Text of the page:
MONTREAL Wednesday night was a night for jazz legends and the spirits of legends at the Montreal Jazz Festival.
Events got under way at the Theatre Maisonneuve when drummer Max Roach and pianist Mal Waldron got together for a meeting of minds, hands and musical styles. Each artist played a brief solo statement before they joined for a 90-minute set. Opening their duet with pianist John Lewis' "Django" and closing with Thelonious Monk's "Brilliant Corners," the two men enjoyed what Waldron later called "a musical conversation."
"Since I live in Brussels and Max is in New York, we have voice, or phone, conversations all the time," the 73-year-old pianist said. "So, even though we haven't played together for almost two years, our musical conversation just picks up right where we left it."
Roach, 76, may be best known as the first jazz drummer to create melodic lines on his kit. "Who else but Max can make a drum solo as lyrical as a poem?" Waldron said after their show.
Roach did it again last night with his patented solo known as "The Drum Also Waltzes," in which he played 3/4 time with his bass drum while varying the tempo and pitch as he roamed over his surprisingly simple drum kit. There's only one ride and one crash cymbal, two toms, a bass and snare. He caressed rather than attacked, making his drums sing.
Roach and Waldron took turns setting up a melodic or rhythmic motif for the other to respond to. The dimly lit stage presented a mysterious tableau, Waldron's cigarette sending streams of smoke toward the ceiling as he played.
The jazz history represented by these men is substantial.
Roach was a regular at Minton's Playhouse in New York in the 1940s and helped create the bebop revolution. He has played with an endless list of jazz icons, including saxophonists Coleman Hawkins and Charlie Parker, trumpeters Dizzy Gillespie and Miles Davis, bassist Charles Mingus and pianists Monk, Bud Powell and Duke Ellington. Roach also co-led the classic '50s quintet with trumpeter Clifford Brown.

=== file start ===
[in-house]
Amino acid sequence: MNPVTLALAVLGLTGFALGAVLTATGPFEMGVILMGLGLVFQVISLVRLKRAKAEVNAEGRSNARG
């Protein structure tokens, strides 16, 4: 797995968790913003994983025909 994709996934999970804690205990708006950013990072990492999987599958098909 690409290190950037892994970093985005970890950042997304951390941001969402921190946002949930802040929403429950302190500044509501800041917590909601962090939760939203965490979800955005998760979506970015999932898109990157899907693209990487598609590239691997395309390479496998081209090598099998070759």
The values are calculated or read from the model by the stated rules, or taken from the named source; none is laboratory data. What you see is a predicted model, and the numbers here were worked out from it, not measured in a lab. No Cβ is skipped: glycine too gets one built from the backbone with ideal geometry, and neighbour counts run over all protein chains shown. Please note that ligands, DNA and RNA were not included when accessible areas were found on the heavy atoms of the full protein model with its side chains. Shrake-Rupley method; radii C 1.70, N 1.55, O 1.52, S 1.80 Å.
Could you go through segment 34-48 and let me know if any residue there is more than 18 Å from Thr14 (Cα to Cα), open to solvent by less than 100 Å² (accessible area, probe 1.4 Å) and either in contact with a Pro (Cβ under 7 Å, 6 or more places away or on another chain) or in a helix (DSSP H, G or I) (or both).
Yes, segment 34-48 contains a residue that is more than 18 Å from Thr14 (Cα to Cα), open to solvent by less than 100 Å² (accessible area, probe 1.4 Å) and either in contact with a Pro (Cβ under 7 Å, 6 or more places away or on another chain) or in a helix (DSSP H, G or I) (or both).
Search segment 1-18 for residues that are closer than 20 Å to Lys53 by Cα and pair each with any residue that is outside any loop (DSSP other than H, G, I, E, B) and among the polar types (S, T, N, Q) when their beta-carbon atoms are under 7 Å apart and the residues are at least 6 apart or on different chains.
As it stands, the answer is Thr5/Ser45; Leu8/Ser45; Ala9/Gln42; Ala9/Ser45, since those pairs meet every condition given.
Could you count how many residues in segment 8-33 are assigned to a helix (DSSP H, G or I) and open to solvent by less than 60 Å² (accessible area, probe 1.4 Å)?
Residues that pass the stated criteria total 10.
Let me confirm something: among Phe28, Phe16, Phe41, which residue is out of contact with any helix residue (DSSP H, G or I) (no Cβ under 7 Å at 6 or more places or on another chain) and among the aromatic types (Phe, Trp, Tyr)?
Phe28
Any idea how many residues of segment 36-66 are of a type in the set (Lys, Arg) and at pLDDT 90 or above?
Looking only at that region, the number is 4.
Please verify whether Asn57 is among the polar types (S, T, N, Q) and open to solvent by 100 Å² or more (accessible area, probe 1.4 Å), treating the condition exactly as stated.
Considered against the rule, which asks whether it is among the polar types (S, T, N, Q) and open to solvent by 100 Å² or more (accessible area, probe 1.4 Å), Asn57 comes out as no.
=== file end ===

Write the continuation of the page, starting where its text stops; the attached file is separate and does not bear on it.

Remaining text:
Waldron was Billie Holiday's accompanist from 1957 until her death in 1959. Waldron and Roach have recorded together many times. Speak Brother Speak!, from the late '60s, features the two addressing the social issues of that revolutionary era.
In a conversation after the show, Roach remembered those years of musical activism. "I've been lucky," he said, "because my associates have always made the social issues part of their lives. It's been that way since I worked with Charlie Parker although Charlie Parker would send signals, like his composition 'Now's the Time,' rather than more direct statements like my 'Freedom Now Suite.'
"We played a benefit for [black activist-singer] Paul Robeson when Charlie had the group with strings," Roach continued. "Robeson was having visa problems at the time, and when he was introduced he said, 'I can't speak, so I'll just sing.' He did an entire set, and I'll never forget Charlie bringing Paul Robeson a glass of water onstage when Robeson was finished."
Reflecting on his performance with Waldron at the Theatre Maisonneuve, Roach said that he had no idea beforehand what pieces would be played.